Heliothis virescens ascovirus (HvAV-3e, Ascoviridae) infection in Helicoverpa zea fat body (HzFB) cells was found to induce differential expression of a number of host miRNAs (Hussain and Asgari, 2010). One of these miRNAs was found to target two genes in HvAV-3e, ORF64, and ORF82, which code for proteins with homology to eukaryotic RNA polymerase RPC2 and β subunits, respectively (Figure 2). In the presence of synthesized Hz-miR-24 mimic or ectopic expression of the miRNA, transcript levels of both target genes were significantly decreased. Considering the important role of virally encoded RNA polymerases in the expression of viral genes (especially late and very late genes in the infection cycle), targeting the genes by Hz-miR-24 would presumably have a negative impact on viral replication/pathogenicity (Hussain and Asgari, 2010). Interestingly, the relative concentration of Hz-miR-24 declines transiently from 24 to 48 h post-infection (Hussain and Asgari, 2010), which coincides with high abundance of ORF64 and ORF82 transcript levels. However, later in infection, concentration of Hz-miR-24 increases significantly which in turn coincides with downregulation of ORF64 and ORF82 transcript levels. This suggested that the virus has evolved a mechanism to inhibit Hz-miR-24 production during a crucial period of the DNA dependent RNA polymerase activity. An RNase III encoded by HvAV-3e was shown to suppress RNAi-mediated gene silencing by dicing siRNAs (Hussain et al., 2010); however, its role in inhibition of the miRNA pathway, including Hz-miR-24, has not been investigated.
Figure 2. Schematic diagram of Heliothis virescens ascovirus (HvAV-3e) genome. HvAV-3e DNA polymerase (ORF1), and DNA dependent RNA polymerase II (ORF64; DdRP) and RNA polymerase β subunit (ORF82) genes are targeted by HvAV-3e-encoded miRNA (HvAV-miR-1) and the host Hz-miR-24 miRNA, respectively. However, during early to late hours of infection, HvAV-3e reduces the expression of Hz-miR-24, a period critical for the expression of ORF64 and ORF82.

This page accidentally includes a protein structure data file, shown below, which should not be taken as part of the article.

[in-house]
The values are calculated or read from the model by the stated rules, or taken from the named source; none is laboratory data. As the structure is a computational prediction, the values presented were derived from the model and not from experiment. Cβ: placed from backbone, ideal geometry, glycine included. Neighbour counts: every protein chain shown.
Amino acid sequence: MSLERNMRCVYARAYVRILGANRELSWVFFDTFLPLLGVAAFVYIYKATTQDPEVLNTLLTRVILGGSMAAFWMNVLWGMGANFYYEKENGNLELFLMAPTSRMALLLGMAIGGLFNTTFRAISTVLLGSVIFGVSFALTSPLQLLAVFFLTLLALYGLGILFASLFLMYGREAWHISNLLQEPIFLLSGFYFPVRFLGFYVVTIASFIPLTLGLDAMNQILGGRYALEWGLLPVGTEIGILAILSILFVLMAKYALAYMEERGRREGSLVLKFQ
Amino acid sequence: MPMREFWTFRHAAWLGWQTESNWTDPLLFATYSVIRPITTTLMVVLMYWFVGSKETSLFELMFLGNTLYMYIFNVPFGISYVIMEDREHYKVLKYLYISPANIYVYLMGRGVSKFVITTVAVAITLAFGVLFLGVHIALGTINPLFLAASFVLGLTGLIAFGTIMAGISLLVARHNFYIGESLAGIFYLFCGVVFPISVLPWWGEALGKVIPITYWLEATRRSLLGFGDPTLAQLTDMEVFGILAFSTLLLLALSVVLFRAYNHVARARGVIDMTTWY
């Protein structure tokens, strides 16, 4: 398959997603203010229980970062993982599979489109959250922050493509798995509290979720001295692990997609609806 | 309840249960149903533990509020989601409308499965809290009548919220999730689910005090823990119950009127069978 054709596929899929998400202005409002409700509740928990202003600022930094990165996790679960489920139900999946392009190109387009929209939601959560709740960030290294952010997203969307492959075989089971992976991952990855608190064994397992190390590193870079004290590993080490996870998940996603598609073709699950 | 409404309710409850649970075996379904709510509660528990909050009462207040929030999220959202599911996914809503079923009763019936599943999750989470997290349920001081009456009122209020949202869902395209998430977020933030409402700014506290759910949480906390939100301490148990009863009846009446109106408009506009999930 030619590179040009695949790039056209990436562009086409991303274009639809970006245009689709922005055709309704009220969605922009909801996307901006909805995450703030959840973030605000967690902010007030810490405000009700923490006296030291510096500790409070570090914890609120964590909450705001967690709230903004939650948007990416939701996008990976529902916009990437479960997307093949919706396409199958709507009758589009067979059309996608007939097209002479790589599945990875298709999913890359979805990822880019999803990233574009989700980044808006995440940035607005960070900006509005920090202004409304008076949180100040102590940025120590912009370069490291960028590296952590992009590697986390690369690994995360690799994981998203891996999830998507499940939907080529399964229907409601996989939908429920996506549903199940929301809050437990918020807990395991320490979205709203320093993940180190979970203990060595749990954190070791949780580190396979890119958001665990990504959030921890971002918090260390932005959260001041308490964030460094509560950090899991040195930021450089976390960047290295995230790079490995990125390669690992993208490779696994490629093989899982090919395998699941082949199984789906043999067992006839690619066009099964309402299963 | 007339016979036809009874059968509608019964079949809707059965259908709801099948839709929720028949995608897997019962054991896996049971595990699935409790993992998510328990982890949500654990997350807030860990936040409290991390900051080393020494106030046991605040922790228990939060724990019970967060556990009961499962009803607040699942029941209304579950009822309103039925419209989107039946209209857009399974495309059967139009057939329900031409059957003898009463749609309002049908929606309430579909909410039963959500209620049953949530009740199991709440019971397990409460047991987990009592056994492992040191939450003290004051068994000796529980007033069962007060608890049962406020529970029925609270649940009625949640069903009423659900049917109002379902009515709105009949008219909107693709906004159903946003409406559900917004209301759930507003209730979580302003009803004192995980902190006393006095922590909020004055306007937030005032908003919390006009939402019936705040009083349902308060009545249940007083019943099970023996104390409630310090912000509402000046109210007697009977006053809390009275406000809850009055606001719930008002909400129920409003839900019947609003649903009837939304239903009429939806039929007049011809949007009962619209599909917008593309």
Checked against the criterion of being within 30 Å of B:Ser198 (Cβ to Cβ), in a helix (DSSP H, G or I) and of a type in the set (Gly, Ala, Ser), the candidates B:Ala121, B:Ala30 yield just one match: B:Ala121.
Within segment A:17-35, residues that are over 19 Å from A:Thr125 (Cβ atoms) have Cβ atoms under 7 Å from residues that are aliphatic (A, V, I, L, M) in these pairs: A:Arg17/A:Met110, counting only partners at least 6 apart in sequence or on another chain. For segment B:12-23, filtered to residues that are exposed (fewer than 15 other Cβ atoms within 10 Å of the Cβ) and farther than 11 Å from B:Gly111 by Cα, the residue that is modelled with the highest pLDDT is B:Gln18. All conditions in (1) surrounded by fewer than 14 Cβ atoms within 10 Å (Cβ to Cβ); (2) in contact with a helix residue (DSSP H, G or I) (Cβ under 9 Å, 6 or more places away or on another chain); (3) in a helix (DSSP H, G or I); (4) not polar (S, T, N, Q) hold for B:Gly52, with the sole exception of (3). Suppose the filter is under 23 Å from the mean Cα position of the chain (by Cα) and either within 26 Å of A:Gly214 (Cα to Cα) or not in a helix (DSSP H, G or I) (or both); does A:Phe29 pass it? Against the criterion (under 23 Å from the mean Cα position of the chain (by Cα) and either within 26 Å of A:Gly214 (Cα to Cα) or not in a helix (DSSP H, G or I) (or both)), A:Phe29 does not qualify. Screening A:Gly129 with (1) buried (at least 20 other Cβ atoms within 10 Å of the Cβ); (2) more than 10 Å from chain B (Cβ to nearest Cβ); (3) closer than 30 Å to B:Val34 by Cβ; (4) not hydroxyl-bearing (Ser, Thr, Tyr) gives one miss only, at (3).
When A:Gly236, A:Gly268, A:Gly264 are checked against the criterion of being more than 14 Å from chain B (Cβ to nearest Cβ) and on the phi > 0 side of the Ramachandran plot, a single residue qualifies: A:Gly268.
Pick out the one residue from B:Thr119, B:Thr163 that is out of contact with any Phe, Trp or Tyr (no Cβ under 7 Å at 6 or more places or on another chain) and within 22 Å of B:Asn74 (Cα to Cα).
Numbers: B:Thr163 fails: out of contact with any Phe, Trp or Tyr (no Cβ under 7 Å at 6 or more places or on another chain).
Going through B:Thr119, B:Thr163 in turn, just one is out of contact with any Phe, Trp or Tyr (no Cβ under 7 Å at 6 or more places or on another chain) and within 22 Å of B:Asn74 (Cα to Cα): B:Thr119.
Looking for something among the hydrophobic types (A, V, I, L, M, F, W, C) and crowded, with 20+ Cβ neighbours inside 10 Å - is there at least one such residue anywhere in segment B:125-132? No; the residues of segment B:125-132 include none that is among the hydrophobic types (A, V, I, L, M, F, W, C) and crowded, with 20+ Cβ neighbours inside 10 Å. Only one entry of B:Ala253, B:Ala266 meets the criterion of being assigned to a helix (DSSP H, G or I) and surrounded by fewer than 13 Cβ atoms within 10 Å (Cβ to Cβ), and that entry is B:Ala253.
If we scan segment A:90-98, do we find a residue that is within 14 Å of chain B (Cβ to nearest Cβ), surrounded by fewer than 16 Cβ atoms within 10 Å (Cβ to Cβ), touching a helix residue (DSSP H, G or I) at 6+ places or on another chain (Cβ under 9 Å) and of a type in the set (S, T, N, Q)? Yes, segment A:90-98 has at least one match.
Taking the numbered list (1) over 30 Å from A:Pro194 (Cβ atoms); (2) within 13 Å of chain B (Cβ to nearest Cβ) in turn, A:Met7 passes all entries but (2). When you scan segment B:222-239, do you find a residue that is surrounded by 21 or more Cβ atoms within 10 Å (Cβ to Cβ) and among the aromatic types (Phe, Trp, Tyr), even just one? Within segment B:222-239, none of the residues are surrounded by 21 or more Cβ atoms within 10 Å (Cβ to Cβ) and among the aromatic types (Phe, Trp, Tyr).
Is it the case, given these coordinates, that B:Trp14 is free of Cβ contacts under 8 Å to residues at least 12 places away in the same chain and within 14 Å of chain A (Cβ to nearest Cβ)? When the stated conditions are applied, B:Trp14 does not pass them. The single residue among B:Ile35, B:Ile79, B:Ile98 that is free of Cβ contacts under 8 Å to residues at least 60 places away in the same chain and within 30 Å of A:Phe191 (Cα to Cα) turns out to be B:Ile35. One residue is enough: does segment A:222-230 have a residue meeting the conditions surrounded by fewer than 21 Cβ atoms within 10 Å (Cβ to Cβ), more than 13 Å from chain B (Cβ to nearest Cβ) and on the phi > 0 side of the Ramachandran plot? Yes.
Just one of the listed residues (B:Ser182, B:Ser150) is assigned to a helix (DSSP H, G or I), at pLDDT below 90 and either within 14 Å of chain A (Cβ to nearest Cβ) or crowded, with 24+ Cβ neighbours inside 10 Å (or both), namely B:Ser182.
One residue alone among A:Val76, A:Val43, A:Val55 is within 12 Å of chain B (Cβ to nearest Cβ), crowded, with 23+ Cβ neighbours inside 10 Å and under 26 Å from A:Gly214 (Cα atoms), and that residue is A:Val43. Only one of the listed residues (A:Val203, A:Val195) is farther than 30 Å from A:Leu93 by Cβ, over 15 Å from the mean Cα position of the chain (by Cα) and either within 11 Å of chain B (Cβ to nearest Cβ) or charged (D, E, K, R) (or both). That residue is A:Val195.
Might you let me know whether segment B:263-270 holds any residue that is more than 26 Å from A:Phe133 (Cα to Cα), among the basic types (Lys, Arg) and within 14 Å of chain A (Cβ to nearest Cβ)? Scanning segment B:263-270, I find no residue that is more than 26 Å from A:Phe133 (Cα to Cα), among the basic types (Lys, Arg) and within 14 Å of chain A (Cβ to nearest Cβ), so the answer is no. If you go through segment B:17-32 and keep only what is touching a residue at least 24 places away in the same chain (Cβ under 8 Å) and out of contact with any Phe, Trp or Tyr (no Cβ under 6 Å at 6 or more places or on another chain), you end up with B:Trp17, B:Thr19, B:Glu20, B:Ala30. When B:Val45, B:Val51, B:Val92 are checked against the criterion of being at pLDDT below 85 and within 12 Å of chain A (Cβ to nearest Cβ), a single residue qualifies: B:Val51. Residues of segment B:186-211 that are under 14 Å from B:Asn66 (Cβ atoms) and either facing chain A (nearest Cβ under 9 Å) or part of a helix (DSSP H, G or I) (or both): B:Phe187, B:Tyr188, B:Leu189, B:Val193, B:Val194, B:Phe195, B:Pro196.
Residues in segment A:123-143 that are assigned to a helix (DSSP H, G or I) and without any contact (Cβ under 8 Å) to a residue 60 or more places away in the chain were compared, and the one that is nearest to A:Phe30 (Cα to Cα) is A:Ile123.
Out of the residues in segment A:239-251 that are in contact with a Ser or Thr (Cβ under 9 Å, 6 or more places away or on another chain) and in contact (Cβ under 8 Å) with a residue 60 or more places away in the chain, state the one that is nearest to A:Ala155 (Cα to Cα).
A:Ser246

Let-7 and miR-125 are ubiquitous conserved miRNAs that are involved in various processes, including development, as shown in B. mori and D. melanogaster (Sempere et al., 2003; Liu et al., 2007). The expression levels of these miRNAs seem to be regulated by 20-hydroxy-ecdysone (20-HE). In D. melanogaster, their higher expression levels in late larvae and pupae correlate with increases in 20-HE levels (Sempere et al., 2003). In addition, 20-HE was shown to facilitate the expression of anti-microbial peptides in the giant silkworm, Hyalophora cecropia, and D. melanogaster (Roxstrom-Lindquist et al., 2005; Garbuzov and Tatar, 2010). Garbuzov and Tatar (2010) demonstrated that 20-HE may regulate expression of the anti-microbial peptide diptericin via let-7 miRNA by interacting with the 3′ UTR of the target gene and repressing its translation. The authors proposed that let-7, induced at the same time as diptericin by 20-HE, may set the limit on expression levels of diptericin by negatively regulating it to set a threshold for the anti-microbial peptide following immune induction. This would avoid over-stimulation of the innate immune response and regulate investment of resources in immune-related responses.